its a post of a 15 year old article verbatim into the forum, dude!
You don't think its a bit over the top if you want to have a discussion
about Jeffery Hiles dated piece, listening to bike lanes?
I'm not trying to boss you around, i'm suggesting using widely accepted, near universal standards when using a source of others peoples work.
excerpts, not verbatim wholesale cut and paste.
fine. my rebuttal to jeffery hiles dated piece where he overemphasizes the dichotomy between facilities advocates and vehicular cycling advocates -
the FHWA has moved beyond the feud
Reducing the number and severity of collisions involving bicyclists requires strategies that are
targeted towards addressing the main factors that lead to collisions. Based on what is known
about bicycle-related crashes, the following objectives—targeted both toward locations where
crashes occur as well as toward the causal factors of crashes—are most likely to reduce the
number and/or severity of crashes:
• Reduce bicycle crashes at intersections
• Reduce bicycle crashes along roadways
• Reduce motor vehicle speeds
• Reduce bicycle crashes at midblock crossings
• Improve safety awareness and behavior
• Increase use of bicycle safety equipment
• Reduce influence of hazards
Each of these strategies can be accomplished through a variety of the 23 individual strategies
(i.e., treatments) presented in Exhibit I-3.Most strategies will work best when used at multiple
locations, so that they become standard and expected by roadway users, and in combination
with other treatments, so that multiple causal factors are addressed.
In addition, many of the strategies may help accomplish more than one single objective. It is
important for transportation professionals and others charged with improving conditions for
bicyclists to choose the right combination of treatments to accomplish the maximum desired
effect with the available resources.
Finally, those involved in transportation engineering, planning, design, education, and safety
should be aware of Safe Routes to School (SRTS) programs as a potential comprehensive
technique for improving the transportation safety for children traveling to and from school.
SRTS programs are comprehensive programs that involve making safety-related changes to the built environment, implementing extensive child bicyclist (and pedestrian) safety education,
and increasing traffic law enforcement around schools. SRTS programs are also intended to
increase the number of children walking or bicycling to school, so programs usually include
encouragement components as well. More about SRTS, including the full range of
comprehensive activities and projects, information about selecting appropriate activities, and
evaluation strategies can be learned from the National SRTS Clearinghouse (established by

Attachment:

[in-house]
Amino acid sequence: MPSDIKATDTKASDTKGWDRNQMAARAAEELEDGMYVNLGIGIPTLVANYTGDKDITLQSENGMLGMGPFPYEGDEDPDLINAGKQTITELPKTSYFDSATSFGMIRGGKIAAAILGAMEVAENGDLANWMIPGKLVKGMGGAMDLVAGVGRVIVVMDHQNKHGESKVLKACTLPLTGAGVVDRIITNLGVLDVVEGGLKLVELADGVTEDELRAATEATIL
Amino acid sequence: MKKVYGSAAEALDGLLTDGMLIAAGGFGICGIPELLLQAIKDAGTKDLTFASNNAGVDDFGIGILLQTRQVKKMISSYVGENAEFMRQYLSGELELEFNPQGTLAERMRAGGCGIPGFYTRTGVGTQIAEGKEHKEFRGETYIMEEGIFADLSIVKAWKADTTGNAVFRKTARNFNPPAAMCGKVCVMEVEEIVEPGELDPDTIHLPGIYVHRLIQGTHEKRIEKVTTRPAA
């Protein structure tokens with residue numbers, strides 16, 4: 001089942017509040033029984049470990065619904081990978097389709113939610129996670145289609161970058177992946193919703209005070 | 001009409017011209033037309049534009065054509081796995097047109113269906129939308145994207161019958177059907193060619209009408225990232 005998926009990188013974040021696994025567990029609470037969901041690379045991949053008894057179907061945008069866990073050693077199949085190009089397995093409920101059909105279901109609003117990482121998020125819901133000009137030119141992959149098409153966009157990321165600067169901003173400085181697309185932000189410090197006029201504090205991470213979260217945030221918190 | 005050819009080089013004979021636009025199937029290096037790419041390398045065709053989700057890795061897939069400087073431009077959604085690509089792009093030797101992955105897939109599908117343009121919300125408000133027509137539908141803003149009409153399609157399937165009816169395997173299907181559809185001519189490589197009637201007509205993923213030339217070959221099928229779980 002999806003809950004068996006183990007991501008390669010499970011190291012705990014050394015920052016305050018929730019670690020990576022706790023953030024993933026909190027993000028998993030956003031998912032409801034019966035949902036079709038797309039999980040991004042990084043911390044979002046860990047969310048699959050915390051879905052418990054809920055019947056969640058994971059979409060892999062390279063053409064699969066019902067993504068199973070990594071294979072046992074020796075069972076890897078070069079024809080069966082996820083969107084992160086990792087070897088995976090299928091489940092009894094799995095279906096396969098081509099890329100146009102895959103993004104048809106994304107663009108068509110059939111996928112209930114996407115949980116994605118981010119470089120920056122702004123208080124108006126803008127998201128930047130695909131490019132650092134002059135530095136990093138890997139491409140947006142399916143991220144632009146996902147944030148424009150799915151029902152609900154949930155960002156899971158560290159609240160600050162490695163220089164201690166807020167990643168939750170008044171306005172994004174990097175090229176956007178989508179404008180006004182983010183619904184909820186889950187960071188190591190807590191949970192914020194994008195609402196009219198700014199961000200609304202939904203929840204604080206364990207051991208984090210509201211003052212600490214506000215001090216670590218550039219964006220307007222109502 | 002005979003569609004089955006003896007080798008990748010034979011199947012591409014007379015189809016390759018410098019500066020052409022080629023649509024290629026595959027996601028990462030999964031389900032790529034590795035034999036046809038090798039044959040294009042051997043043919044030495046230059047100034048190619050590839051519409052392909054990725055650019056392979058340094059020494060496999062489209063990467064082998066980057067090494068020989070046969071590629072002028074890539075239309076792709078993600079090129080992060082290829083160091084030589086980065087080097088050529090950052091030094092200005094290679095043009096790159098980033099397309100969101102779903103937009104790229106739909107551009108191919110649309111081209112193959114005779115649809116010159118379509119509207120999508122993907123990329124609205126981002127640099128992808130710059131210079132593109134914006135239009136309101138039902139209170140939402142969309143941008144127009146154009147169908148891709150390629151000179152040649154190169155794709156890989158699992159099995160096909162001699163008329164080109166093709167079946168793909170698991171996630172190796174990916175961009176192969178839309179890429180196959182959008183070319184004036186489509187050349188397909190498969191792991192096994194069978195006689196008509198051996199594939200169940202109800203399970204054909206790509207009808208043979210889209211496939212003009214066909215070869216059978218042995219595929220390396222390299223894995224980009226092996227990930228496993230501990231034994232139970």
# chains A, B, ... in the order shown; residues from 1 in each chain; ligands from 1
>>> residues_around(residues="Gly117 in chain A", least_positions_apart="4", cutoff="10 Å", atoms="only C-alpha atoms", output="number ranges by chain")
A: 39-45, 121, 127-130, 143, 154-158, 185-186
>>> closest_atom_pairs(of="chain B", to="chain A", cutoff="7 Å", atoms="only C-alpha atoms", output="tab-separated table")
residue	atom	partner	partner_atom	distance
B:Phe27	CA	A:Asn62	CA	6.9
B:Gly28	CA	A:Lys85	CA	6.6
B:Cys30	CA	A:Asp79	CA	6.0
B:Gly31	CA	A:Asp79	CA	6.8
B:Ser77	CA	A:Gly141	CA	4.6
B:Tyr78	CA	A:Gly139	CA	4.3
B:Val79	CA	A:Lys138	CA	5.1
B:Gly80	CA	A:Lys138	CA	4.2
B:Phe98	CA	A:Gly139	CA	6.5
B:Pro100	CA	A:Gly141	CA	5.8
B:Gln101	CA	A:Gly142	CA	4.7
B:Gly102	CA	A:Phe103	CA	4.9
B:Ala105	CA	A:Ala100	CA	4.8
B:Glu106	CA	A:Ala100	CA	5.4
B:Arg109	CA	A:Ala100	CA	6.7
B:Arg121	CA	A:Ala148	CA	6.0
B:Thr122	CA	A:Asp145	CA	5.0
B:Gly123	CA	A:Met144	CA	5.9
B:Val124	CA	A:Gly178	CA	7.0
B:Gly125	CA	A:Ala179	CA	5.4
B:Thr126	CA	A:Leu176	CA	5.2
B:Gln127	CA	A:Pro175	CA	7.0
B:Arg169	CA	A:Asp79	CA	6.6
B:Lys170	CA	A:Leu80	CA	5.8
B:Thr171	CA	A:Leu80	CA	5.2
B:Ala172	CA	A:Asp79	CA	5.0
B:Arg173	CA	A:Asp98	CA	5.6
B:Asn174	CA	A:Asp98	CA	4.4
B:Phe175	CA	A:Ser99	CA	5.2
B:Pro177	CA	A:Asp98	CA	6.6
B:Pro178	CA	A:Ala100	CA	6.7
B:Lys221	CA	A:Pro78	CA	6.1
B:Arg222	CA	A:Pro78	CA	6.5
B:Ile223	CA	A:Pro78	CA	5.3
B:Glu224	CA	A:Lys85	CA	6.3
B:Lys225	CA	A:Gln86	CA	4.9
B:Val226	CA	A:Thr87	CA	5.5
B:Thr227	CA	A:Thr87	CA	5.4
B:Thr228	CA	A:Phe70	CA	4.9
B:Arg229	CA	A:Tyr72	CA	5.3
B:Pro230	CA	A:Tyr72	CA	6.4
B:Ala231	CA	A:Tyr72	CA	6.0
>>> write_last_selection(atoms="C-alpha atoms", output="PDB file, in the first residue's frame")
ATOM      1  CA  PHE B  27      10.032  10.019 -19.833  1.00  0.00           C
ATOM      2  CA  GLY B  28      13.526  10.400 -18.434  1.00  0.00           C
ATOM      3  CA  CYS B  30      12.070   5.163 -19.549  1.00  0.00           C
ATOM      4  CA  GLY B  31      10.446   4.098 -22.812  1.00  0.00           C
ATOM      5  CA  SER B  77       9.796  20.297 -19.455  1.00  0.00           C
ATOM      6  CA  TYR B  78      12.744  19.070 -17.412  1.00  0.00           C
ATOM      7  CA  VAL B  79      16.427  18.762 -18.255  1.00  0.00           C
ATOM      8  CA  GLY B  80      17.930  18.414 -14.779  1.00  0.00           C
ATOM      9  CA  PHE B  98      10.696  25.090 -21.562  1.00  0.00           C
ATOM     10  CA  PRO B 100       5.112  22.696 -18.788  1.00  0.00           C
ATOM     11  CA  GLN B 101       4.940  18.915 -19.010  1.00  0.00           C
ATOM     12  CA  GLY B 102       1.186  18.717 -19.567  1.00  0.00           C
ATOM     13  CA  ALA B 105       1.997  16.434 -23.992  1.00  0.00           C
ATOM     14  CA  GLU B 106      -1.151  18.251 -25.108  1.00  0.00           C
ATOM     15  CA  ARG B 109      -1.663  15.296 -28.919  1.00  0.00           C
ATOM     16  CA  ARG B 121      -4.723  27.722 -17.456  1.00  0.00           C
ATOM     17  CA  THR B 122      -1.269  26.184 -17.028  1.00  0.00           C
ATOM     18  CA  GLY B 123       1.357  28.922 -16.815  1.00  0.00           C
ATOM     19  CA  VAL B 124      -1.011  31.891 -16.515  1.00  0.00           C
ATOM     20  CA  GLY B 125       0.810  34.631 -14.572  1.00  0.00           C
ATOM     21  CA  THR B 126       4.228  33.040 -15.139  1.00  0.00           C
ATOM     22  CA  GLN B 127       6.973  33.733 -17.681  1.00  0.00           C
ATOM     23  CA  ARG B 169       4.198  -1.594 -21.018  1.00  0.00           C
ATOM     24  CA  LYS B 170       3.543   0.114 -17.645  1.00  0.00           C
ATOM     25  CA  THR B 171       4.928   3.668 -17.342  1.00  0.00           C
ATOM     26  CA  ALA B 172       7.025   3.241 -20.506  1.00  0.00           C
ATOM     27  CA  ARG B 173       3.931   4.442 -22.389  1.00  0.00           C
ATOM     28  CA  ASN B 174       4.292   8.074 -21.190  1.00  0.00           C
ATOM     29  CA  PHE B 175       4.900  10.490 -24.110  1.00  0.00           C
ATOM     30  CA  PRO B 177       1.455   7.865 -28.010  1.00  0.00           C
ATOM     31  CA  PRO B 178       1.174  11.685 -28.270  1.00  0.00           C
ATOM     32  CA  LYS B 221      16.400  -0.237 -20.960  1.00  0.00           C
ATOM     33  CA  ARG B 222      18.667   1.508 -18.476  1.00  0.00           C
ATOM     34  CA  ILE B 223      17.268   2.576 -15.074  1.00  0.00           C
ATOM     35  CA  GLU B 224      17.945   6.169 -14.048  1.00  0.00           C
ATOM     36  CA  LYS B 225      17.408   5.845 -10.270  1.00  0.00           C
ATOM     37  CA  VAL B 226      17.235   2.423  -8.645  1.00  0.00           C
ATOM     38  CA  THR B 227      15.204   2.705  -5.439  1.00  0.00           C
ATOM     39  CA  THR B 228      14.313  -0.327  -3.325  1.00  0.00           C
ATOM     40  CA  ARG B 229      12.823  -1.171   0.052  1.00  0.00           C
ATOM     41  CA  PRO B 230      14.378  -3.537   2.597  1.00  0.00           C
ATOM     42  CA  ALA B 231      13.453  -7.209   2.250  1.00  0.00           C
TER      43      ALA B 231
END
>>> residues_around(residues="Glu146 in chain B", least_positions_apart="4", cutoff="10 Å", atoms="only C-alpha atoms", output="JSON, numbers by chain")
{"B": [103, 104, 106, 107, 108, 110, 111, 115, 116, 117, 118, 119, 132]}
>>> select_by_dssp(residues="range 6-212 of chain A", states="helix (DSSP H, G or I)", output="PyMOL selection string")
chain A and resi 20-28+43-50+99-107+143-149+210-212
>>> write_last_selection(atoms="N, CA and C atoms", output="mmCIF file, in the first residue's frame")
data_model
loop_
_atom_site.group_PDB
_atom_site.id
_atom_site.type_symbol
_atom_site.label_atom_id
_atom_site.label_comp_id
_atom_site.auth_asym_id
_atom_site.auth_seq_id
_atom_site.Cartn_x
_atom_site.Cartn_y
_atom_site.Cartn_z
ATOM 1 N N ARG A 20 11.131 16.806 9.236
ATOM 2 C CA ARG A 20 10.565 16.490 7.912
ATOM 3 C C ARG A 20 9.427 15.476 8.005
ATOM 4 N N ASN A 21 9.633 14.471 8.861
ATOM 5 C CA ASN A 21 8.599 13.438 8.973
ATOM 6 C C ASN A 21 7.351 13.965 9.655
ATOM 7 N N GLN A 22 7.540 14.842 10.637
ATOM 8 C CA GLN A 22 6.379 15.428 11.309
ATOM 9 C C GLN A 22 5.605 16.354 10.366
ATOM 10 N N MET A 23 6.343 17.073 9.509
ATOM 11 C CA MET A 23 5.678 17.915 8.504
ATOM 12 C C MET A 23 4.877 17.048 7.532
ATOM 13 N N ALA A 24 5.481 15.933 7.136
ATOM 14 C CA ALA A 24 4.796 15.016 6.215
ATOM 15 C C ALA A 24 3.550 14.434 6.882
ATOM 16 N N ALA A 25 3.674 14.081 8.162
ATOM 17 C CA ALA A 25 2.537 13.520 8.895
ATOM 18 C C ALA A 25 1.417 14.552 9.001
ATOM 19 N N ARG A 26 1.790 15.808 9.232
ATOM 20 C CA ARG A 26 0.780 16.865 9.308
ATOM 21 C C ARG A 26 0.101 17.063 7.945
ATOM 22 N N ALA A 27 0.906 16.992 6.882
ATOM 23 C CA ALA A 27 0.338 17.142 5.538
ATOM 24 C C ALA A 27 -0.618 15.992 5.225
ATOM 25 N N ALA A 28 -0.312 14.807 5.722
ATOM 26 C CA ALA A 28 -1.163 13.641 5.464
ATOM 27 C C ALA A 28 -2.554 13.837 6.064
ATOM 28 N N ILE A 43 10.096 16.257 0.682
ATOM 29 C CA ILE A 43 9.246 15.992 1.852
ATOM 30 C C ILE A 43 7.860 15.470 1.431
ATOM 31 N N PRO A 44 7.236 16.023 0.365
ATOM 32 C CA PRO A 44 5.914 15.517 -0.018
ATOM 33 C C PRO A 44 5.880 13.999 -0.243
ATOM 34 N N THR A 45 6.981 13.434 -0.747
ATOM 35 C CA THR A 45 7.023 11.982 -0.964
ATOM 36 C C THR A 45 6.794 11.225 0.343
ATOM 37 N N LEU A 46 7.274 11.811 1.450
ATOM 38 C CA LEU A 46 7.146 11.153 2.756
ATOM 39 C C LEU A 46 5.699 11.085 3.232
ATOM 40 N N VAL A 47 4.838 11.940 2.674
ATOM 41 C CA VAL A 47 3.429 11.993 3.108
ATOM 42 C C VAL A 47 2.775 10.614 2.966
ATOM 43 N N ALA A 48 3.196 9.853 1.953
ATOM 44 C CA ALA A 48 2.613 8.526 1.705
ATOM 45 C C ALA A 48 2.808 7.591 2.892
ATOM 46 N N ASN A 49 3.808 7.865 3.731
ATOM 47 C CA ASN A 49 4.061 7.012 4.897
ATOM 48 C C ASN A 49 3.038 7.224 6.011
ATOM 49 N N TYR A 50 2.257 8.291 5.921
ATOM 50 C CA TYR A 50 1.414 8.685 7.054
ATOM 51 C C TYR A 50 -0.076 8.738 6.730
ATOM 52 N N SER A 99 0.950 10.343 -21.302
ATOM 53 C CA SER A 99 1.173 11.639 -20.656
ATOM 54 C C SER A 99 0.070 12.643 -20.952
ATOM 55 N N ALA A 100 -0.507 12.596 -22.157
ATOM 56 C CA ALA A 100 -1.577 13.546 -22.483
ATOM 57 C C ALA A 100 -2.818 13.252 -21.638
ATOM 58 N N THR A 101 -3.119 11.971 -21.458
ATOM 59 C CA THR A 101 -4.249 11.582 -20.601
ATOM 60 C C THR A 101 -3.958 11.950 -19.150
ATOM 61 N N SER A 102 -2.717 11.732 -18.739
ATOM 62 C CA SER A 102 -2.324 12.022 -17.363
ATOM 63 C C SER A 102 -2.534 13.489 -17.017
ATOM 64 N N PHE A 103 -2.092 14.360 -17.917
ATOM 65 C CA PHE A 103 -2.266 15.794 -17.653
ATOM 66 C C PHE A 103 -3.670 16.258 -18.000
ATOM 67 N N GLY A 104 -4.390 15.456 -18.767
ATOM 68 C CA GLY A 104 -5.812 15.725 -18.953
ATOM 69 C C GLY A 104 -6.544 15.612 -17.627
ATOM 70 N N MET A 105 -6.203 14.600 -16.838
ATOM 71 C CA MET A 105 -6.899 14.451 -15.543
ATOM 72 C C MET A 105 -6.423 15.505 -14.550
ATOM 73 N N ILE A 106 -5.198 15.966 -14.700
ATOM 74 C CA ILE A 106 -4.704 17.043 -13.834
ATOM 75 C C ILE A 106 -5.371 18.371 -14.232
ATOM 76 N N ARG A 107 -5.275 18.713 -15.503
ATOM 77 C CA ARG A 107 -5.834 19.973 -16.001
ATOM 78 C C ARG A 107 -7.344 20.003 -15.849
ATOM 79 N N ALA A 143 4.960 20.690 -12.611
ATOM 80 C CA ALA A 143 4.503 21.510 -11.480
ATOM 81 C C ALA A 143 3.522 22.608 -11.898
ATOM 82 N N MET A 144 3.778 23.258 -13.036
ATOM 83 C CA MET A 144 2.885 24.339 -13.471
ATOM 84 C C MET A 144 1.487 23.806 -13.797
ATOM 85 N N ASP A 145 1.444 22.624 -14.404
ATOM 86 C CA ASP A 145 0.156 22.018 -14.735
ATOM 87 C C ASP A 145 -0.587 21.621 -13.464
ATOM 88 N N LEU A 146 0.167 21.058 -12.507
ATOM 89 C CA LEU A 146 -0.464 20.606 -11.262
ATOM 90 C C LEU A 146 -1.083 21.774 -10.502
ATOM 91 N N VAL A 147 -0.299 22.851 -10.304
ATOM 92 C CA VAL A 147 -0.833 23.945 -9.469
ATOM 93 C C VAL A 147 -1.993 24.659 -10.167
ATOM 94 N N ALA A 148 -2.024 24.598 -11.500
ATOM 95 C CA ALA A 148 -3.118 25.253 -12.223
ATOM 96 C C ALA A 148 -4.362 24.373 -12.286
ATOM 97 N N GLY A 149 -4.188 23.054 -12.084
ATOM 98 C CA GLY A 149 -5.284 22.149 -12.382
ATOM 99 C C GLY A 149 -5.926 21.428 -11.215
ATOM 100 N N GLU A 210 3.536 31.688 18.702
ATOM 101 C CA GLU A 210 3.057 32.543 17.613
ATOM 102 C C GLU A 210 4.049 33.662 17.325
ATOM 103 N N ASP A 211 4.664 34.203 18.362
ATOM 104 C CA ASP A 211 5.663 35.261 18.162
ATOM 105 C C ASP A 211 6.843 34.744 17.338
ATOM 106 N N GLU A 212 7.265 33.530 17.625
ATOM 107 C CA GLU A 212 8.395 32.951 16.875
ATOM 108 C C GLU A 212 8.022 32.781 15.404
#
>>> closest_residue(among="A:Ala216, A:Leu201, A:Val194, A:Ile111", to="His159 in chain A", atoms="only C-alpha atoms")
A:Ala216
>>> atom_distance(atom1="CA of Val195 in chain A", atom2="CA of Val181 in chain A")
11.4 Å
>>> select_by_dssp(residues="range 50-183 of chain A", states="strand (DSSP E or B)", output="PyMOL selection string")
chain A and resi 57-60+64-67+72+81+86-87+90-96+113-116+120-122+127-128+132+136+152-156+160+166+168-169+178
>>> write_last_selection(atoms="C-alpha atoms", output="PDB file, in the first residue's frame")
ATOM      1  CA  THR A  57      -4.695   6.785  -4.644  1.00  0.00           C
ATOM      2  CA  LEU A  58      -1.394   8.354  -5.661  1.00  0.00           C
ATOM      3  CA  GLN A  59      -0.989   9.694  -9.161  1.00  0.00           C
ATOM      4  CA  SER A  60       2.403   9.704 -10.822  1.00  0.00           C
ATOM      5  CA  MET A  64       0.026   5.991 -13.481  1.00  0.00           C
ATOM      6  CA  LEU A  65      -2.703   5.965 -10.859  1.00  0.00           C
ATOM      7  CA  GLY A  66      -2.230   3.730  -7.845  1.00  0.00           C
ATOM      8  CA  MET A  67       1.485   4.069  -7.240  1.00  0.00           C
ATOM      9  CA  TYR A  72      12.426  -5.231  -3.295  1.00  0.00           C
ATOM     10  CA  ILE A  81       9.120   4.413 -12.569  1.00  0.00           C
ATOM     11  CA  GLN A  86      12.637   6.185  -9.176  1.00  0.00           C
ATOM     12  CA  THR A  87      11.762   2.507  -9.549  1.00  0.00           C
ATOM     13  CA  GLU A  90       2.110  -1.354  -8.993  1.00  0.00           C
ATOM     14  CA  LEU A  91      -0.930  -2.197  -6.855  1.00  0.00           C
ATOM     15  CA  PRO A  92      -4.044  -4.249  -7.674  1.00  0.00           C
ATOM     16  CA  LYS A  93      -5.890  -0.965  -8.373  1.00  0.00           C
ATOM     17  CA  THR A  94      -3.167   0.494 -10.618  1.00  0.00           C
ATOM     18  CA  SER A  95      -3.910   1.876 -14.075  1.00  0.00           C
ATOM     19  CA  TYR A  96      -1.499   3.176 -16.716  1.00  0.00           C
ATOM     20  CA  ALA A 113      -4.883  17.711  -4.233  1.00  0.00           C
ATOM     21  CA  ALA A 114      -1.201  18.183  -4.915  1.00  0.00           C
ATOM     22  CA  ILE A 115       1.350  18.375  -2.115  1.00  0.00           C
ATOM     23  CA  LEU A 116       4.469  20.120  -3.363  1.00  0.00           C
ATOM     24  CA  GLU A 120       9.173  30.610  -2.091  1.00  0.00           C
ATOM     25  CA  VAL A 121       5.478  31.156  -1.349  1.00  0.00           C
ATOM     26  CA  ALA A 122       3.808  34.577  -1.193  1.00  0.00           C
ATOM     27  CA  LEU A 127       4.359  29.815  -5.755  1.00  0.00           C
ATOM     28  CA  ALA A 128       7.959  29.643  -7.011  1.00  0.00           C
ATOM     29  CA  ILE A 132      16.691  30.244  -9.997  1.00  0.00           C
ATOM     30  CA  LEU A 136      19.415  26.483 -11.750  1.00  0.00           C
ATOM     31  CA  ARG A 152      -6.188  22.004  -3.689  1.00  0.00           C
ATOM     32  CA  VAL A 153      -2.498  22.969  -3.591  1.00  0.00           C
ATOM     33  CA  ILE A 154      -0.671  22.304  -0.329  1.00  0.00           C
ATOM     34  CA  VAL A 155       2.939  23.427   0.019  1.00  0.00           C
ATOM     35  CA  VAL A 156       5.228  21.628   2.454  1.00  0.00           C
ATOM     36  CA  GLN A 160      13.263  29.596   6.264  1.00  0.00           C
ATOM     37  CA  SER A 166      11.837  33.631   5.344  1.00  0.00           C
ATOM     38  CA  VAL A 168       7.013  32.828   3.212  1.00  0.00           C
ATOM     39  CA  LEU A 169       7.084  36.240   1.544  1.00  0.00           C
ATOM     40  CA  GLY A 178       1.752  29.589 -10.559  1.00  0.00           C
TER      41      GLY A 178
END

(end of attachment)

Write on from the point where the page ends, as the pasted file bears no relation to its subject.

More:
the U.S. Department of Transportation) at: http://www.saferoutesinfo.org
Recent practitioner experience indicates that multi-faceted approaches are more effective
in achieving desired program outcomes, including creating safer walking environments
(Zegeer et al., 2004), meeting public health goals (Schieber and Vegega, 2002), and increasing
walking and bicycling to school (Raborn and Toole, 2006; FHWA, 2006). Although similar
research has not yet been applied to bicycling-specific outcomes, it logically follows that
what works for safe walking and increasing physical activity will also work for creating
safer bicycling environments. Many bicycle-related safety problems cannot be solved simply
by addressing one of the “three Es” (i.e., engineering, education, or enforcement) without
also addressing the others. Engineers, planners, law enforcement officers, designers,
teachers, public officials, and citizens should all play a role in identifying problems and
planning and implementing effective countermeasures and programs for improving
Particular attention should be paid to education. Skill levels vary widely within the bicycling
community. Novice riders may only feel comfortable on slow-speed, neighborhood streets
or off-street paths. Children may be more confident and want to bicycle to explore their
environment, but may also lack the skills and experience to ride safely under varying
conditions. Effective and sustained education programs, often neglected by transportation
agencies that focus on engineering solutions, can significantly improve safe riding behavior
for all bicyclists.
Bicycle safety issues should be addressed using proactive measures. Many of the solutions that
work for proactive pedestrian safety activities should also work for bicyclists. For example,
planners can host interactive public workshops, survey bicyclists and other roadway or
facility users, and talk with police and traffic engineers to identify safety issues in an area
before crashes occur (Zegeer et al., 2004). Bicyclist safety, both actual and perceived, and the
provision of appropriate infrastructure, will influence how many people will ride, as well as
the number and types of bicyclist crashes that will occur.
Finally, in making any decisions about program or countermeasure implementation, the
special characteristics and needs of the targeted population should be considered. This is
especially true with respect to education or enforcement interventions, but even road signs
and pavement markings can be affected. People of different cultures and ethnic backgrounds,
non-English speaking populations, those with physical impairments, and even children
and the elderly may necessitate modifications to the countermeasures to ensure that
improvements reach their intended audience and have the desired safety benefits.